Like a good film or book, I woke up 48 hours after the show with thoughts still lingering in my mind on David Baddiel’s My Family: Not the Sitcom show at Exeter Northcott last week. While I’d heard positive feedback online, and re-shared by Baddiel on his Twitter feed, there wasn’t much specific detail as to why the evening was making audiences both laugh and cry in quite equal measure, so I headed in with an open mind.
In truth, for me, any positive show experience should be about learning the secrets that shouldn’t always go beyond the bubble and you’ll be pleased to know I’m not here to change those unwritten rules but it wouldn’t be much of a review if I couldn’t feedback how much it resonated, and how brutally honest and funny it is despite seemingly depressing subject matter.
To offer some background, which is a given, David Baddiel’s My Family: Not The Sitcom is about the sudden death of his Mother (Sarah) and how his Father (Colin) is suffering with dementia now but, much like life, that’s not the essence of everything we were there for. Baddiel discusses the real people behind the clichéd expectation of how we think our parents or relatives are, and he came to this conclusion after his Mother’s funeral in response to people saying how ‘wonderful’ she was and while it’s true that she was, it’s also a real-life tale of the humanity behind the façade of family and the joy they can bring, especially with all their quirks, passions and frustrations.
I grew up watching Baddiel and Frank Skinner in various forms on television, from their fantasy football show to their comedy and, particularly, the excellent Baddiel and Skinner Unplanned which used to screen live on ITV late night. The show consisted of the pair sitting on the sofa, with a live audience in front of them, as they took questions and subjects from the floor, completely improvised. That edgy side of television doesn’t really happen today, there are some that go under that guise but they’re far more structured, but the reason I mention it is because David’s Mum once appeared and early on he offers this up as an insight to the type of woman she really was: Bold, honest and loving the spotlight.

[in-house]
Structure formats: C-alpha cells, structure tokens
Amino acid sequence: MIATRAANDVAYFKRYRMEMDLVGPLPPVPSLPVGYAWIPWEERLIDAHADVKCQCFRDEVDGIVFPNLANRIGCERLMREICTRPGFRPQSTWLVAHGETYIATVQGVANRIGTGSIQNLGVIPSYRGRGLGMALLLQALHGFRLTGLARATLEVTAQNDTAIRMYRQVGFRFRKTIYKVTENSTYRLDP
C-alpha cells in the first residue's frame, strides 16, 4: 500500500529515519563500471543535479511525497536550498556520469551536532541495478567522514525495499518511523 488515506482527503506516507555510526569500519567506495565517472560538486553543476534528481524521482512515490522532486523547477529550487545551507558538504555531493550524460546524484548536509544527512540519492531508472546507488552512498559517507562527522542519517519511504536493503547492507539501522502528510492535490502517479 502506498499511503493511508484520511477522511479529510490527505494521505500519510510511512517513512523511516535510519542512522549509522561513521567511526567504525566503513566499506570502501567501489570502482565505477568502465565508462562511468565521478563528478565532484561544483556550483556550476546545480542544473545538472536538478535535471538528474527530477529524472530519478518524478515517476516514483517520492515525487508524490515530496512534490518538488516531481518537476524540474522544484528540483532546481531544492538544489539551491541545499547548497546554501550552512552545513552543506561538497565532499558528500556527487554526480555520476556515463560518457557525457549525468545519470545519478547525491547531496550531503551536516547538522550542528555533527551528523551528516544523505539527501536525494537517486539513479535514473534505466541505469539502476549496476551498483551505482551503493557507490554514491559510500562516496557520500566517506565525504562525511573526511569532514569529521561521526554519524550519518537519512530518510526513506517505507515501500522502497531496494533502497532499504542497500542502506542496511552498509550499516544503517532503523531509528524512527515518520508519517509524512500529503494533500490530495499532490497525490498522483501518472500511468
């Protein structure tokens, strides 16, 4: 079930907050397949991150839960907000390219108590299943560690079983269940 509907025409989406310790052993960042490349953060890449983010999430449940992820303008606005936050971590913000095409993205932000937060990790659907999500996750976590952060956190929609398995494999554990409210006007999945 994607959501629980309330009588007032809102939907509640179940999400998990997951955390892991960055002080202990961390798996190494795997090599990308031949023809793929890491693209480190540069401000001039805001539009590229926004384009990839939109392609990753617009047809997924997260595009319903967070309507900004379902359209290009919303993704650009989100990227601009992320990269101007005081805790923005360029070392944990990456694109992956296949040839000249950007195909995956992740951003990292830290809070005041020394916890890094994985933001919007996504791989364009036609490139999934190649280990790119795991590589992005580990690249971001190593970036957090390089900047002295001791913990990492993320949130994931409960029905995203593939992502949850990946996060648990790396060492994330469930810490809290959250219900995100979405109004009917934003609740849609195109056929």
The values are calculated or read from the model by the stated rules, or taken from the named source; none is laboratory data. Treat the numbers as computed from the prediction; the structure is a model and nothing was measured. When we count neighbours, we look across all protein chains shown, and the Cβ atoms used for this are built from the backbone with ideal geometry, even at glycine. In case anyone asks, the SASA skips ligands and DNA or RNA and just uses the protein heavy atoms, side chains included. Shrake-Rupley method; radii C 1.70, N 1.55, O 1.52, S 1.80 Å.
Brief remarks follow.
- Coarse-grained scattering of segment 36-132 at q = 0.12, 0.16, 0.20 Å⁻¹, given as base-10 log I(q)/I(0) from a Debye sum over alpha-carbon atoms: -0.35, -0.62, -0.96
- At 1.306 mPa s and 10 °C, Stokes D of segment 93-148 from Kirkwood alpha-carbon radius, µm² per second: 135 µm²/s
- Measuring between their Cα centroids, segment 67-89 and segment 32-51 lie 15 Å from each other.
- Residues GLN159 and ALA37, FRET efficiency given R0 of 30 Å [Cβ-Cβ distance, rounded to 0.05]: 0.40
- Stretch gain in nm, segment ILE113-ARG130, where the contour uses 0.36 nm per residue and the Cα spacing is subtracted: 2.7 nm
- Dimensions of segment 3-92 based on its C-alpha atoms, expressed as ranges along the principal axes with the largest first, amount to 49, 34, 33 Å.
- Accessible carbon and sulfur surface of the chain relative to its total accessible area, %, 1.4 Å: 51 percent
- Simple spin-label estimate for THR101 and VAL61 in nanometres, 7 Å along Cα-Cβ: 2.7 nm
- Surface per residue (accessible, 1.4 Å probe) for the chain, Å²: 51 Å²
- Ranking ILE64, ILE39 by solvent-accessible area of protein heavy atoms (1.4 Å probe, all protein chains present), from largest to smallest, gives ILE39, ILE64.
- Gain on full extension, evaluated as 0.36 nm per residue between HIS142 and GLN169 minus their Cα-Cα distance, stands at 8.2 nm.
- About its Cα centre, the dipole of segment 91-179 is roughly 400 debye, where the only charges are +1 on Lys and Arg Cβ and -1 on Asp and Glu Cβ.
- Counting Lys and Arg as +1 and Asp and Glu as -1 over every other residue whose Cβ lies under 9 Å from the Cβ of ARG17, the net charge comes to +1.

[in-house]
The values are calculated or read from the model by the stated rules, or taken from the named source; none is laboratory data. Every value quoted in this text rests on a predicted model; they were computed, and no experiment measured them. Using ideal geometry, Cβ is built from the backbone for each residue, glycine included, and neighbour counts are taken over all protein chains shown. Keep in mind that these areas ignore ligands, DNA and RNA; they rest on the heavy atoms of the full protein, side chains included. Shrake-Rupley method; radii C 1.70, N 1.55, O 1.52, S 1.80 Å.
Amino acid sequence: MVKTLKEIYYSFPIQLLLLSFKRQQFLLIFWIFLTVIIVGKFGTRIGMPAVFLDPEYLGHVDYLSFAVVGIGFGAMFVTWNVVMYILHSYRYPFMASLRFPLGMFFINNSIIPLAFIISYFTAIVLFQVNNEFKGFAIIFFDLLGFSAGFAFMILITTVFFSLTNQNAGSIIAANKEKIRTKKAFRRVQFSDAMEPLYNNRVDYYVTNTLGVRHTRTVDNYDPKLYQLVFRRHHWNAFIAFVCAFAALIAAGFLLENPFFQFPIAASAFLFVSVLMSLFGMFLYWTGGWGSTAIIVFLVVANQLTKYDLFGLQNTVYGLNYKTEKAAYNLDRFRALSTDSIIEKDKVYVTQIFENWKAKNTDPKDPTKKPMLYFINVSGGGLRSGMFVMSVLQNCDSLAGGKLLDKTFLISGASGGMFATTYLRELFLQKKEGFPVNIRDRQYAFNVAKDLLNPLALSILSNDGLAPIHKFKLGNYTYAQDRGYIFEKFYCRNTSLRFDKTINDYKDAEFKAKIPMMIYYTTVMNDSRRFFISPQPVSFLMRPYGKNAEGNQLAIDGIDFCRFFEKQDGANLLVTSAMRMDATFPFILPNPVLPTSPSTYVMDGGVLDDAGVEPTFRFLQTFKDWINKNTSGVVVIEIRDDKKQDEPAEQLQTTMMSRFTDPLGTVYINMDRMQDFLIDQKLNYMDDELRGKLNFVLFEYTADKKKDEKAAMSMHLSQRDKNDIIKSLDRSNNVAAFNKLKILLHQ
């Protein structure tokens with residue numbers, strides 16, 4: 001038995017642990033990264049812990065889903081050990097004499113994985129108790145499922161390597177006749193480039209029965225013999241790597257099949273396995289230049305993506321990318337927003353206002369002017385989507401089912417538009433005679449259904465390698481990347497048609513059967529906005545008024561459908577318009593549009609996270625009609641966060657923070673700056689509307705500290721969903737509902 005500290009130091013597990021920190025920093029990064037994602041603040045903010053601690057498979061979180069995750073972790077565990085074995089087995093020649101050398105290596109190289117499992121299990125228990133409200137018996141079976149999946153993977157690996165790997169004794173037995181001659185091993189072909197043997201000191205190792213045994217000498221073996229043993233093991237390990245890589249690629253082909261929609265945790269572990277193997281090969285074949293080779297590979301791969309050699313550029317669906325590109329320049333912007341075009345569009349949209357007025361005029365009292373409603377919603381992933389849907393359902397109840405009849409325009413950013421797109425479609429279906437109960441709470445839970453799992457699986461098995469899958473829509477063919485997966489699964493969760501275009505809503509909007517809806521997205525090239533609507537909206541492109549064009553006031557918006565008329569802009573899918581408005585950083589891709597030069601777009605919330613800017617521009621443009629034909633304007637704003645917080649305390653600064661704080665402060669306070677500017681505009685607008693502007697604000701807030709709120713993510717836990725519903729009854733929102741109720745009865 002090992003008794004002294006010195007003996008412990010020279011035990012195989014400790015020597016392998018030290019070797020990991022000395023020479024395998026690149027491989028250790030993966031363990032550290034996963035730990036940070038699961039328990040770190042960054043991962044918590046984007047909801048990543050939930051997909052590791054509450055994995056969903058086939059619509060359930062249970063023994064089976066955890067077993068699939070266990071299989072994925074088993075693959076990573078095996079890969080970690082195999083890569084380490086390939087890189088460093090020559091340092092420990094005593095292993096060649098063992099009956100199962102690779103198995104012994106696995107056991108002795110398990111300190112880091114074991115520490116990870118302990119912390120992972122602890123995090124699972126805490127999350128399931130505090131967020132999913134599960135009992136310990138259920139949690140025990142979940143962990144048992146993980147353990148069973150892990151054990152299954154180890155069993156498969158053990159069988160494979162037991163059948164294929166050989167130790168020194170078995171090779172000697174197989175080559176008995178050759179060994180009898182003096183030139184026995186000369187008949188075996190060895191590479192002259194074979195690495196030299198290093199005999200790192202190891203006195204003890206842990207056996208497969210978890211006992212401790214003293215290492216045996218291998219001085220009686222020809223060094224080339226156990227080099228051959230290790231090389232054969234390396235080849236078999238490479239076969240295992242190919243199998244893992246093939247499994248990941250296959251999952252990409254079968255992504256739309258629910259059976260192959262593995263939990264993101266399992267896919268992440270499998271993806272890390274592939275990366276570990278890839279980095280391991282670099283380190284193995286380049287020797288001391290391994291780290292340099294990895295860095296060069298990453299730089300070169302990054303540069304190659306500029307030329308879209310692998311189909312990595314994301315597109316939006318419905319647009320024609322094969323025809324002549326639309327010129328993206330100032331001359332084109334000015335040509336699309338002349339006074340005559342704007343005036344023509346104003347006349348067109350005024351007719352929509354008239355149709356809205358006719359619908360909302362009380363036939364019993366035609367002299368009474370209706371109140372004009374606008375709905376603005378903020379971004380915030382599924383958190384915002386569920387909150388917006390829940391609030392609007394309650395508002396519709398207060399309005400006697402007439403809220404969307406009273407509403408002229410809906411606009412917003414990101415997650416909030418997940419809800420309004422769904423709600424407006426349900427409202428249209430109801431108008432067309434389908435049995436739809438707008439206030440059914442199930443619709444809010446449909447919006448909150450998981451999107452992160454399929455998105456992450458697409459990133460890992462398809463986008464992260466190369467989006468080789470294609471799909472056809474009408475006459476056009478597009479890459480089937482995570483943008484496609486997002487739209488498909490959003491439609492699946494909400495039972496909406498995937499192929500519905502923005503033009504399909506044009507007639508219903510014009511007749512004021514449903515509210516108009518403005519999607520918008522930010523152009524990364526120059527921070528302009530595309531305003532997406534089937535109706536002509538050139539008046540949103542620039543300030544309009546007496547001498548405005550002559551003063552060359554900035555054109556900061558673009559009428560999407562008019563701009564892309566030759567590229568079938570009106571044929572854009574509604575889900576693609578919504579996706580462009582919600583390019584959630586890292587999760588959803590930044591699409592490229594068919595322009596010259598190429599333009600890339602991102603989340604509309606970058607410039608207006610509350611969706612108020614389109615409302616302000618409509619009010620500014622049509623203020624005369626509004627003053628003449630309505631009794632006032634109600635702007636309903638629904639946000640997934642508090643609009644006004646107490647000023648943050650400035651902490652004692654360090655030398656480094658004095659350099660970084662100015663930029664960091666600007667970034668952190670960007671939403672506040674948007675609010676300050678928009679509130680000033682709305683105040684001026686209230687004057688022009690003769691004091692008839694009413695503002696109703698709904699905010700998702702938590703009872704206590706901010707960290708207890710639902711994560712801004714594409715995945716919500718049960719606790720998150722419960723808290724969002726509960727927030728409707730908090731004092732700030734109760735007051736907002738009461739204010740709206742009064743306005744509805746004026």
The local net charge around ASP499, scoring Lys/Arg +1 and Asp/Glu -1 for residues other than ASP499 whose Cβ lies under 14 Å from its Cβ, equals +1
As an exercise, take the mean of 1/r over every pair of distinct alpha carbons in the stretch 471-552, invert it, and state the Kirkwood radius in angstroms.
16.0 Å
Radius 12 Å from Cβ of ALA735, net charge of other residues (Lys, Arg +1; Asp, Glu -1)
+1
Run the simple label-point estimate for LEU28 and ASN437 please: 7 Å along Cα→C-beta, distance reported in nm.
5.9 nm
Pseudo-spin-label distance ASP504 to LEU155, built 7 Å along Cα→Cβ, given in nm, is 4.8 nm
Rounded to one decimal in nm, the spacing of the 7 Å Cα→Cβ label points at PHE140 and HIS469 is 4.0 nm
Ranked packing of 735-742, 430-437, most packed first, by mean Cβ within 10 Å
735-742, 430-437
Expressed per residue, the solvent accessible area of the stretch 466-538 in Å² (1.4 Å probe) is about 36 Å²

Themes of his Mother, in particular, loving the limelight scatter the show from start to finish but it’s never with anger or disappointment, it’s always with a fond recollection – even when she embarrassed him with her stories of her sex life. Let’s get one thing clear though, Sarah Baddiel wasn’t just your ‘crazy’ parent, she loved telling stories about her family history, as well their sex lives, and did it with complete commitment. So in the show, and over a couple of hours, David tells you everything you need to know, however brutally candid it is.
What’s particularly perceptive about My Family: Not the Sitcom, and it helped that I knew a few other people who saw it independently, is how it resonates into your mind, where you recall moments of the show that filter back into your head at random points of the day. It’s that kind of storytelling that connects to make Baddiel’s show distinctive compared to your ‘classic’ comedy show. While some comedians have found a place in pushing the ‘TMI’ insight to their lives, Baddiel’s method offers up significance rather than just doing it for reaction.
The show is an honest, funny reflection of all of our lives as we grow older and the importance of pointing out that although no-one is ‘perfect’, the way they fit into your life is what’s vital. It’s perhaps clear that Baddiel shares hilarious and heart-breaking stories to help any ongoing mourning of his Mum’s death, and his Father’s fight with dementia, and while this isn’t something you’d expect to be quite so heart-warming, the cathartic escape from the darker side of existence really impresses and because of that, it’s one of those nights you simply have to “experience” for yourself.
Book now for My Family: Not the Sitcom near you: DavidBaddiel.com
See more on Exeter Northcott and their upcoming shows here: ExeterNorthcott.co.uk